In subsequent 25s, you would try to swim faster than 22 seconds while still taking 18 strokes for a score less than 40.

Repeat 1: 22 seconds + 18 strokes = 40
Repeat 2: 21 seconds + 18 strokes = 39
Repeat 3: 20 seconds + 18 strokes = 38

What’s a Good SWOLF Score?

Since stroke count is half of your swim golf score, and stroke count can change based on a persons height or wing span, it’s hard to compare your score against anyone else’s score.  Everyone has different physical features that can influence their strokes per length.   The best way to use SWOLF is as a personal measure of change or improvement.

How can I Incorporate SWOLF into my swim workouts?

You can create sets like the examples above to add some focus to your swims that are centered around using SWOLF to improve your swimming.

For beginning and early intermediate swimmers, usually the best bang for the buck is to try to lower stroke count first in order to lower your score.  This is because most of these swimmers have several technique areas that when improved, can reduce drag and lower the number of strokes needed to get across the pool.

Intermediate swimmers may enjoy trying to hold their SPL the same, while trying to swim faster.   This means that they are traveling the same distance with each arm stroke ,but because their time is faster, they are taking each stroke at a slightly faster tempo.

Alternatively, intermediate swimmers can experiment with different ways to prevent SWOLF from climbing, but trading a stroke for a second.  That means that by allowing an extra stroke during the length, you can often gain a second…so it’s an even tradeoff.   When there are multiple ways to achieve the same SWOLF score, it’s worth spending time evaluating the effort required at different stroke counts.   Your goal would be to use the score combination that results in the least effort as a target for practice and improvement.

More advanced swimmers will enjoy trying to lower both scores…swim faster AND take fewer strokes  This requires precision technique as well as properly applied power in your stroke.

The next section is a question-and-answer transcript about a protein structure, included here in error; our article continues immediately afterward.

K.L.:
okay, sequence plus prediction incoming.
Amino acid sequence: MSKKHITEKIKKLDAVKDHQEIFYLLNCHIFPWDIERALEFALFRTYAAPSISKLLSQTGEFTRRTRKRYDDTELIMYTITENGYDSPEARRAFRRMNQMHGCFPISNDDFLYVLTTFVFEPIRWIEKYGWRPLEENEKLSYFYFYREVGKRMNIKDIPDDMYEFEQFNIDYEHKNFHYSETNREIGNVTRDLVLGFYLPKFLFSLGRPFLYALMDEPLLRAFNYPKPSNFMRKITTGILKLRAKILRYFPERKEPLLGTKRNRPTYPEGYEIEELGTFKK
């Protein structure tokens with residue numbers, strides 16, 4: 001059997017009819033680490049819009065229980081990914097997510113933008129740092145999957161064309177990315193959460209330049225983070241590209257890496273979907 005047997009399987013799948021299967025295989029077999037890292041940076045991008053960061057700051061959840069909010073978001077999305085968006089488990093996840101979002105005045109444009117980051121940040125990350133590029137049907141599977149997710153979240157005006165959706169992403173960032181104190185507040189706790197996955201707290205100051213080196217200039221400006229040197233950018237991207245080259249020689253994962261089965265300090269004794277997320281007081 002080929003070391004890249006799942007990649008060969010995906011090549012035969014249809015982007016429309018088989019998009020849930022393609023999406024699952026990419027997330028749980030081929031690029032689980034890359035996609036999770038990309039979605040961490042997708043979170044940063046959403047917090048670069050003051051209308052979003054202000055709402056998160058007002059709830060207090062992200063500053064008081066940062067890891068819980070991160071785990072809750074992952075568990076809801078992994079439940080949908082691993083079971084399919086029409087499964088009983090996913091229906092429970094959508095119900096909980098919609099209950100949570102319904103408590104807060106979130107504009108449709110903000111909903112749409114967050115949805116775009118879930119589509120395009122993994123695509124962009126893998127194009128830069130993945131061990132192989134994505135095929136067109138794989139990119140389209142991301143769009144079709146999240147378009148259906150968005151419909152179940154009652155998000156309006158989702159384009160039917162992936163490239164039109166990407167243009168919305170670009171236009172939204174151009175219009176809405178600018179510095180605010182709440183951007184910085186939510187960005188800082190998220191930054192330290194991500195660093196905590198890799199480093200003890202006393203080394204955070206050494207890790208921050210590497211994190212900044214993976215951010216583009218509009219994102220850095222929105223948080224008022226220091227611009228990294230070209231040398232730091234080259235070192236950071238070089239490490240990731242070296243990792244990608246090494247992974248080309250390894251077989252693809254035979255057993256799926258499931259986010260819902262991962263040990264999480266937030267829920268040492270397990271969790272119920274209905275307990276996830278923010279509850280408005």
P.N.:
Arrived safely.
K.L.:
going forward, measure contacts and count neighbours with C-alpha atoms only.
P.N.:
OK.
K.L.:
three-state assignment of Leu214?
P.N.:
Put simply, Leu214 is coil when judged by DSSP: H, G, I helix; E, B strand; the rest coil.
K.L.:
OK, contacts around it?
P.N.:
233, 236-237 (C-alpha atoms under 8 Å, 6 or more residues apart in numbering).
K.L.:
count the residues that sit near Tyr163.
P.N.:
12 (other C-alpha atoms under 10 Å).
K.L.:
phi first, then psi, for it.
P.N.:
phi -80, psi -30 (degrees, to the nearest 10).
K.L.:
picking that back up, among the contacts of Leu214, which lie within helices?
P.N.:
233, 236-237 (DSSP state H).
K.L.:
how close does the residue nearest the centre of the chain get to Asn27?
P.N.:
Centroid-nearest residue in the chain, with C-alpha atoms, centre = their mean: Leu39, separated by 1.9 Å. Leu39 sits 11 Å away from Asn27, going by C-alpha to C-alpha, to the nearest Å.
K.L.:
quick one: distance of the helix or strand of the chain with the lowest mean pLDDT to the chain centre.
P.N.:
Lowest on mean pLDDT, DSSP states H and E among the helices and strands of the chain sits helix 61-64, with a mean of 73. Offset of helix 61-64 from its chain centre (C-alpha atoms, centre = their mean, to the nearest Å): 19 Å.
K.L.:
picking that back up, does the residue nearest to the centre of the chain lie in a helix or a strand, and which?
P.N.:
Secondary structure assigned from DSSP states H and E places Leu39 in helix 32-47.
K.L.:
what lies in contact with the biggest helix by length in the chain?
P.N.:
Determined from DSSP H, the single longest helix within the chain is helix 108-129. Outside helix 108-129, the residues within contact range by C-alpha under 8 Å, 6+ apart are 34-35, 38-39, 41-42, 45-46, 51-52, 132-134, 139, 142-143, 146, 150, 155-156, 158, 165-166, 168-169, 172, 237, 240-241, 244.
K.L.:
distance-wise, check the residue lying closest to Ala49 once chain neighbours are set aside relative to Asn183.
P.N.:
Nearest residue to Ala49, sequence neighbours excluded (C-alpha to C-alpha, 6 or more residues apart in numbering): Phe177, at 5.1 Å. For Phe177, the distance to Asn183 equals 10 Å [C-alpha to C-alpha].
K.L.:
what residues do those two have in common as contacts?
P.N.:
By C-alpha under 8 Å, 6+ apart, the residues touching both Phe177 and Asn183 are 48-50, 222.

Can I track SWOLF without a swim watch?
Of course you can!  What do you think coaches and swimmers did before swim watches were available?  Many swimmers ask if you should count one arm only or both arms.   I teach my swimmers to count each arm entry as a stroke. This is because you will get a more precise number instead of estimating 1/2 cycles.

But you’ll have to remember that your swim watch usually counts cycles…one arm through the whole stroke cycle. So when YOU count two strokes (right arm entry, left arm entry), your swim watch is counting 1 cycle (right arm entry to next right arm entry).

Counting strokes is a great skill to learn to make improvements to your swim, so it’s time well spent.

 

 

 

 

 

 

Swimming Through Change

What do you love about swimming?

For me, I’ve just always loved being in the water and playing games with my friends. Starting from when I was 7 or 8 years old, I walked to our neighborhood pool, met my friends, and we played cards during adult swim, and sharks & minnows when there were enough of us there, and I swam on the swim team until I was 15 years old.  The swimming pool was the fabric of my summer existence.

During & after high school, other priorities came up, other sports, other interests, academics and eventually a job.  My first job out of college was with Voyageur Outward Bound School where we took groups of teenagers on backcountry wilderness canoe trips.  We taught them life skills and expedition skills. But my favorite days were teaching the kids whitewater kayaking skills. It seemed that again, water became the fabric of my existence.  It’s a miracle I never developed trench foot during a 3 week expedition in which it rained every day but one.